Language has so much power. While in college, I had to take a linguistic anthropology class, which was as boring as the name suggests and seemed like a tremendous waste of my time. I admit that I was a terrible student in that class and spent 90% of my time on Facebook or reading pointless articles, thus I probably missed many profound moments with that specific professor… until the very last day of class. On that day, I had actually forgotten my laptop at home and was forced to pay attention to the knowledge being dropped upon the class- I feel very fortunate that I did. My professor ended the course with a quote from Ludwig Wittgenstein…
“The limits of my language means the limit of my world.”
Think about that one for a minute. Have you ever tried to explain something to a toddler? At times, it can feel impossible because the scope of their language feels so small and limits how you can describe, explain, and teach them. Language has so much power over our way of understanding, our way of defining the world around us. That is why it is critical to start using the right words when tackling mental illness. There is so much power, so much freedom in language.
For example, I recently found myself wedged in the middle of a conflict between someone close to me and their parents. I like to think that I know the person quite well and am able to have open, genuine conversations with them. They know my story… they helped me find the confidence and vulnerability to share it with others. I know that they sometimes struggle with depression as well. We can talk about our good days and our bad days… mental illness is a conversation topic we do not shy away from. Yet the same cannot be said about my friend’s relationship with their parents. The word ‘depression’ is somewhat taboo. Instead, they refer to feelings and behaviors as “moodiness”.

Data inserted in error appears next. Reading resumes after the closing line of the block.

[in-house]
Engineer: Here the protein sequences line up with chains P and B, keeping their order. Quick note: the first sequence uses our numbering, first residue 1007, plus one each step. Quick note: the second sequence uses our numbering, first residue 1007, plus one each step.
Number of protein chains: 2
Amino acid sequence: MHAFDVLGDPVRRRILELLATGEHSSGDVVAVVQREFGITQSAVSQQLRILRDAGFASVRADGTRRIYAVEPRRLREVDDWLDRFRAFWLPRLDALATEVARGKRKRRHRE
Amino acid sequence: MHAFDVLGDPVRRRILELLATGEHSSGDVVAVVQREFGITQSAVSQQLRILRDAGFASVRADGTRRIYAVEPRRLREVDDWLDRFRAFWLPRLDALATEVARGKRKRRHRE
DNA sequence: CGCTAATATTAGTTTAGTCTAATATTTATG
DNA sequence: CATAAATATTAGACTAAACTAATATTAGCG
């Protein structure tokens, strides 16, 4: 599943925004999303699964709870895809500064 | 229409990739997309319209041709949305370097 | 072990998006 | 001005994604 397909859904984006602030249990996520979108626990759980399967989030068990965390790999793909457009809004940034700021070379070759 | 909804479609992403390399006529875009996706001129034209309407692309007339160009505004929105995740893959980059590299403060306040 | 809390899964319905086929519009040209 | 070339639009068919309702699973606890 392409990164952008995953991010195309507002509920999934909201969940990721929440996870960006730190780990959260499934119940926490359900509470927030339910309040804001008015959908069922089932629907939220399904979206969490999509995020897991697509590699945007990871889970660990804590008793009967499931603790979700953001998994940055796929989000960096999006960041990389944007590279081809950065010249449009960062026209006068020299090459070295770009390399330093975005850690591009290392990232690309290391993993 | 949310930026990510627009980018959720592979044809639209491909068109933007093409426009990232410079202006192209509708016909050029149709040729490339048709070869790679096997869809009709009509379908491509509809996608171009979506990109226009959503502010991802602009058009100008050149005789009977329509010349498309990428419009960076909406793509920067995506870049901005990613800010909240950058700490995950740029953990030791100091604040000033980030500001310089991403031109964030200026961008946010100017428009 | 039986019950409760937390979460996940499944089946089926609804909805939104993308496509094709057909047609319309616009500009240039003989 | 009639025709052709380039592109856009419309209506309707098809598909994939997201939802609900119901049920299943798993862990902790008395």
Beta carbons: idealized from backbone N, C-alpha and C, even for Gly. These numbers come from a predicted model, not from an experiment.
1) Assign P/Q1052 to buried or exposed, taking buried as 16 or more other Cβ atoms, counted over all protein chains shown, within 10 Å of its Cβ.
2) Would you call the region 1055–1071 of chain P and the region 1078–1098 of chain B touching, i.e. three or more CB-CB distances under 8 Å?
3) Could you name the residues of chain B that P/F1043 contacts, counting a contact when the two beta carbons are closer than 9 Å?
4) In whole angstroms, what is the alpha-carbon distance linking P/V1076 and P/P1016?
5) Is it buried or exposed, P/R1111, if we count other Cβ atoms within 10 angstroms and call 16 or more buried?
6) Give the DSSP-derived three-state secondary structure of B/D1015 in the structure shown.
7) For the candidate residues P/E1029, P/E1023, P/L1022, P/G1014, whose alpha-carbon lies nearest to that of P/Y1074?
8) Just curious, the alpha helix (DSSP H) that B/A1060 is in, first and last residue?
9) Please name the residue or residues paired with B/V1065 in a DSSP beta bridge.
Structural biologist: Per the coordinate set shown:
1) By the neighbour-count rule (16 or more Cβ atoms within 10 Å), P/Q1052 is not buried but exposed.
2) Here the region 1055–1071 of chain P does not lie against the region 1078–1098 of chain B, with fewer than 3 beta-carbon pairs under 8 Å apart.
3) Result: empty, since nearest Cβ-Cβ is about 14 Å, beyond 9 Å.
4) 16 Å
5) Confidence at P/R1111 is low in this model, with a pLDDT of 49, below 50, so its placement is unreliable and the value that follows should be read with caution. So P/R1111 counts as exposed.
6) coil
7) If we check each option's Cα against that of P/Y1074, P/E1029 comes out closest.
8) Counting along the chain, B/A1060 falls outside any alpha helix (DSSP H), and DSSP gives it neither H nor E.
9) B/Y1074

I get it. Sometimes depression can manifest itself in ways that others may perceive as “being moody”. Sometimes I describe myself as moody AF, a result of my lingering teenage angst coupled with a ongoing love for My Chemical Romance and Panic at the Disco. But reducing depression to simply moodiness creates a host of problems that can cause great harm to the sufferer. When people complain that someone is moody, they may tell them to change their attitude or (if you are a woman) they may ask you if it is ‘that time of the month’. Depression is an illness, not an attitude choice. It can seriously impair daily life and should not simply be reduced to PMS or moodiness or having a gloomy outlook.
For when we use the wrong language, we transform the power to get better into stigma and shame. Instead of being able to seek help for a treatable mental illness, sufferers may become hard on themselves, feel embarrassment, and exacerbate an already difficult situation. As my professor once explained, language can limit our world… but it can also liberate us. Say its name- depression.